A final question to consider is whether the offspring's right to identifying information negatively affects the privacy rights of the parents and the donor. If the duty to tell offspring how they were conceived is left exclusively to the parents, then it can be argued that it is the parent's right to privacy, rather than the child's right to know, that is considered paramount [6,20]. Taking the decision to tell out of the parents' hands raises parental rights issues of its own [7,21]. For instance, putting "by donation" on an offspring's birth certificate could be argued to be an infringement of the offspring's privacy. Similarly, the rights of the donor could be threatened by a policy that enforced nonanonymous gamete donation. In a robust system of gamete donation, donors should give fully informed consent to the donation and be aware of the possibility that they could, in future, be identified by any offspring. If they do not wish to contribute nonanonymously, it is their prerogative to decline donation.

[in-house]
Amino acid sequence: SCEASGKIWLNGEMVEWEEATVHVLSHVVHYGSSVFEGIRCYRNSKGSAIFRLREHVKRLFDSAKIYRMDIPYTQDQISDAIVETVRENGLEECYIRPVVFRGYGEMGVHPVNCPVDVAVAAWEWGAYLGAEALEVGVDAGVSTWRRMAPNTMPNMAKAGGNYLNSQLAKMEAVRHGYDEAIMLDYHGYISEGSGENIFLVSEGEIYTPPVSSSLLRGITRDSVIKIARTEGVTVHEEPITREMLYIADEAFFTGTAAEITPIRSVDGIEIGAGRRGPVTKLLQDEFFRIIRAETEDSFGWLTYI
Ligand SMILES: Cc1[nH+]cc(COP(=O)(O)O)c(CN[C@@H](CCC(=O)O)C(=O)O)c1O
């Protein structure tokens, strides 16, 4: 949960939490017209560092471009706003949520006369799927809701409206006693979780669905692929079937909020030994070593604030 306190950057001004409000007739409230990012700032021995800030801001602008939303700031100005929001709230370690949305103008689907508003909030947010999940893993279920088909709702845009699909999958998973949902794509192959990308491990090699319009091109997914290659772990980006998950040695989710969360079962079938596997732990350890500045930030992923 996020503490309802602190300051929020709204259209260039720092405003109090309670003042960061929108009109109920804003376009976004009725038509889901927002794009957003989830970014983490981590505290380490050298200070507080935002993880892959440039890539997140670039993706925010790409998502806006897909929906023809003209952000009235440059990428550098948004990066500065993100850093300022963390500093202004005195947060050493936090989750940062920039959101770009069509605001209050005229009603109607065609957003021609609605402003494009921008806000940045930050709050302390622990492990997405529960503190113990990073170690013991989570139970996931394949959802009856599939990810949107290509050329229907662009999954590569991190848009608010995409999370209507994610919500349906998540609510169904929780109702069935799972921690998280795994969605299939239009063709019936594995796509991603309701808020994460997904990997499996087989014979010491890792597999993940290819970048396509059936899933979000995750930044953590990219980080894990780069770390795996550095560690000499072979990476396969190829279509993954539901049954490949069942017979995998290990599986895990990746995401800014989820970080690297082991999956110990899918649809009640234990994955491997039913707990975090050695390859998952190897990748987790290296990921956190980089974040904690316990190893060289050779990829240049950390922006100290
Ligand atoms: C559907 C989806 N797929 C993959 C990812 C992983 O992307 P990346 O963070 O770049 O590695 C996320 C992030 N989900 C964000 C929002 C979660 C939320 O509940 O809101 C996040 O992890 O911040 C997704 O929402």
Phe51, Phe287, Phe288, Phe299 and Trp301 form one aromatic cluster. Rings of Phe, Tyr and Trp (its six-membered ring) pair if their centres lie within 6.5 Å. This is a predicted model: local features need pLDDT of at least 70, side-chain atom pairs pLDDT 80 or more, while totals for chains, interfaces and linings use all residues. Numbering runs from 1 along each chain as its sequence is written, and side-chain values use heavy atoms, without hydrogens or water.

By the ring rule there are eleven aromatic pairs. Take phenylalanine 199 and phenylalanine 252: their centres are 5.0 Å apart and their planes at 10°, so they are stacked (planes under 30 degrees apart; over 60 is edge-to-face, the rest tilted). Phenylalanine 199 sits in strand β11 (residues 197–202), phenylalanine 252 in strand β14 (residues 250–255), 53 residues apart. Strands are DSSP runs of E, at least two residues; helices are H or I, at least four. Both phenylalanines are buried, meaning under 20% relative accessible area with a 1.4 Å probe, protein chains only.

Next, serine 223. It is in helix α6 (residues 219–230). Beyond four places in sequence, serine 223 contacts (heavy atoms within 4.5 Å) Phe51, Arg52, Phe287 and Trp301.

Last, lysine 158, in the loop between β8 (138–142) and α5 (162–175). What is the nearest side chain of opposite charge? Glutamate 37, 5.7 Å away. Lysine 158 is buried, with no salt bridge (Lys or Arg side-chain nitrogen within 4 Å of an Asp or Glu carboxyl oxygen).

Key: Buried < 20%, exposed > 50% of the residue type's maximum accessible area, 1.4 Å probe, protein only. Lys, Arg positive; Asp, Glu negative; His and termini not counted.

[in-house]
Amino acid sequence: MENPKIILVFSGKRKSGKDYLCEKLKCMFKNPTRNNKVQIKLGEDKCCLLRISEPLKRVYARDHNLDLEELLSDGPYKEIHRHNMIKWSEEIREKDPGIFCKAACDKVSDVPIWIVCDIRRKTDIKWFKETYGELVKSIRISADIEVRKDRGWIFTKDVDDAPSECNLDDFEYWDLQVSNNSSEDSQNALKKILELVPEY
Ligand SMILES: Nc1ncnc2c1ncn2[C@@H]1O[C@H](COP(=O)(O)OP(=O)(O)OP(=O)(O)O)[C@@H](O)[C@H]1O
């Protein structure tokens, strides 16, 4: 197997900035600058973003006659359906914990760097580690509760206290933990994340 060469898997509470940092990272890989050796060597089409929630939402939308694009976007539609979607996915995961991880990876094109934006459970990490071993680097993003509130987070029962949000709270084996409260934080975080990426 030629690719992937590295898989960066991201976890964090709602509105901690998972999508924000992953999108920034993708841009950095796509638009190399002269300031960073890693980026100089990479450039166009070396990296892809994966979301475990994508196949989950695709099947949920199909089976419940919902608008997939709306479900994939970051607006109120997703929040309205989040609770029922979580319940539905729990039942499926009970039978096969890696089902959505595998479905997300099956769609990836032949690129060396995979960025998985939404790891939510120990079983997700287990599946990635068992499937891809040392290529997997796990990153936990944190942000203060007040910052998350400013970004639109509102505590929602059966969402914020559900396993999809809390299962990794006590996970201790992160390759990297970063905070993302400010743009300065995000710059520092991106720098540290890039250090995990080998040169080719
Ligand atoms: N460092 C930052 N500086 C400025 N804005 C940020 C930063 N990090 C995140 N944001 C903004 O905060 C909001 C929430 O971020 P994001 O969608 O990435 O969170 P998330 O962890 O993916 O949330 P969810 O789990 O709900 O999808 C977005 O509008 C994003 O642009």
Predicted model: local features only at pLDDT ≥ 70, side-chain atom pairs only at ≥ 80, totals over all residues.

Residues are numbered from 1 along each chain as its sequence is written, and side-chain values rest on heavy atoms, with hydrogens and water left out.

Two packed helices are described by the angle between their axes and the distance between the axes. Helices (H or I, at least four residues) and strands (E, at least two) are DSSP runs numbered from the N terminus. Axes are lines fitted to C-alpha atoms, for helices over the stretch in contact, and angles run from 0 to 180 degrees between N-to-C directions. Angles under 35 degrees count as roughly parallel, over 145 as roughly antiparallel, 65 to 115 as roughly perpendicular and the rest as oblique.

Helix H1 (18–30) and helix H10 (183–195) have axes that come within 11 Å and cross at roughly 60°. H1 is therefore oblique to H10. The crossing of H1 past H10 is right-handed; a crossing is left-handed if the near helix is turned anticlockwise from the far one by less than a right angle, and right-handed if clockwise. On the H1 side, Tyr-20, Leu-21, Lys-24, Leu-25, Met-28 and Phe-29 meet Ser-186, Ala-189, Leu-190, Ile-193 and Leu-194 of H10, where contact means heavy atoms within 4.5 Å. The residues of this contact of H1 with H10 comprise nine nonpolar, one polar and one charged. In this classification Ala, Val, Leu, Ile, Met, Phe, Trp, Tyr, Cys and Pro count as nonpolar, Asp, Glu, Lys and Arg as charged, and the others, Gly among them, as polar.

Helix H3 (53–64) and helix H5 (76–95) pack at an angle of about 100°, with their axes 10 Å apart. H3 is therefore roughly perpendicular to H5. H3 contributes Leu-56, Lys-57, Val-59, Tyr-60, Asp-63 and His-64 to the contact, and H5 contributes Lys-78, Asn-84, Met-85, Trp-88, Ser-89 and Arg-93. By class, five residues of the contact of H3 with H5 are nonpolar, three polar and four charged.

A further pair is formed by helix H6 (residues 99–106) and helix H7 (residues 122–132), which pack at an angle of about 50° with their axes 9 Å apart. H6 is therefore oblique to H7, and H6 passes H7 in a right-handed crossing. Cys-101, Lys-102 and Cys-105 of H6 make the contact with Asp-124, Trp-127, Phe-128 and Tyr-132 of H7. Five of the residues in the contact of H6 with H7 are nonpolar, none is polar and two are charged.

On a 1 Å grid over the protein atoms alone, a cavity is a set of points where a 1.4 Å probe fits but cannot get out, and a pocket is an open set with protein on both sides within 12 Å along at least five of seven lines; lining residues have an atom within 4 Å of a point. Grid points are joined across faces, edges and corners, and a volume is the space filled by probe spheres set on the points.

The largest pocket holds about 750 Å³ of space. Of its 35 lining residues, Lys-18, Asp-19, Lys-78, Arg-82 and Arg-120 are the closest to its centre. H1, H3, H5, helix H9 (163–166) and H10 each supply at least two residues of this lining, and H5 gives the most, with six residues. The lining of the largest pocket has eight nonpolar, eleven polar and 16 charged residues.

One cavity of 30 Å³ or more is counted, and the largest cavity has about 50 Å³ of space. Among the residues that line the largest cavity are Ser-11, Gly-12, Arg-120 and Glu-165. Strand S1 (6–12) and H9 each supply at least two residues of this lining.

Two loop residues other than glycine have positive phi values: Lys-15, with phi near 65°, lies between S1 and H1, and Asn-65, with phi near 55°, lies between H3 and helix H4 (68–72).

One major problem with a programme of nonanonymous gamete donation is that it could adversely affect the numbers of gamete donors, an argument frequently advanced against establishing such a policy [22]. There are two counterarguments, however, to this contention. In 2005, legislation in the UK required donors to agree to disclosure of their identity to offspring when offspring reach age 18. A subsequent study of prior UK donors' views on how the removal of anonymity would affect their future donation did not firmly establish that the new policy would cause a decline in gamete donation. And it is uncertain that the decline in donations in countries that have recently removed gamete donor anonymity (i.e., countries of the UK, New Zealand, and the Netherlands ) is solely due to this policy change [23,24]. Second, if nonanonymous donation is the morally right way of organising gamete donation, then the low donor numbers is the price that has to be paid for a morally sound system.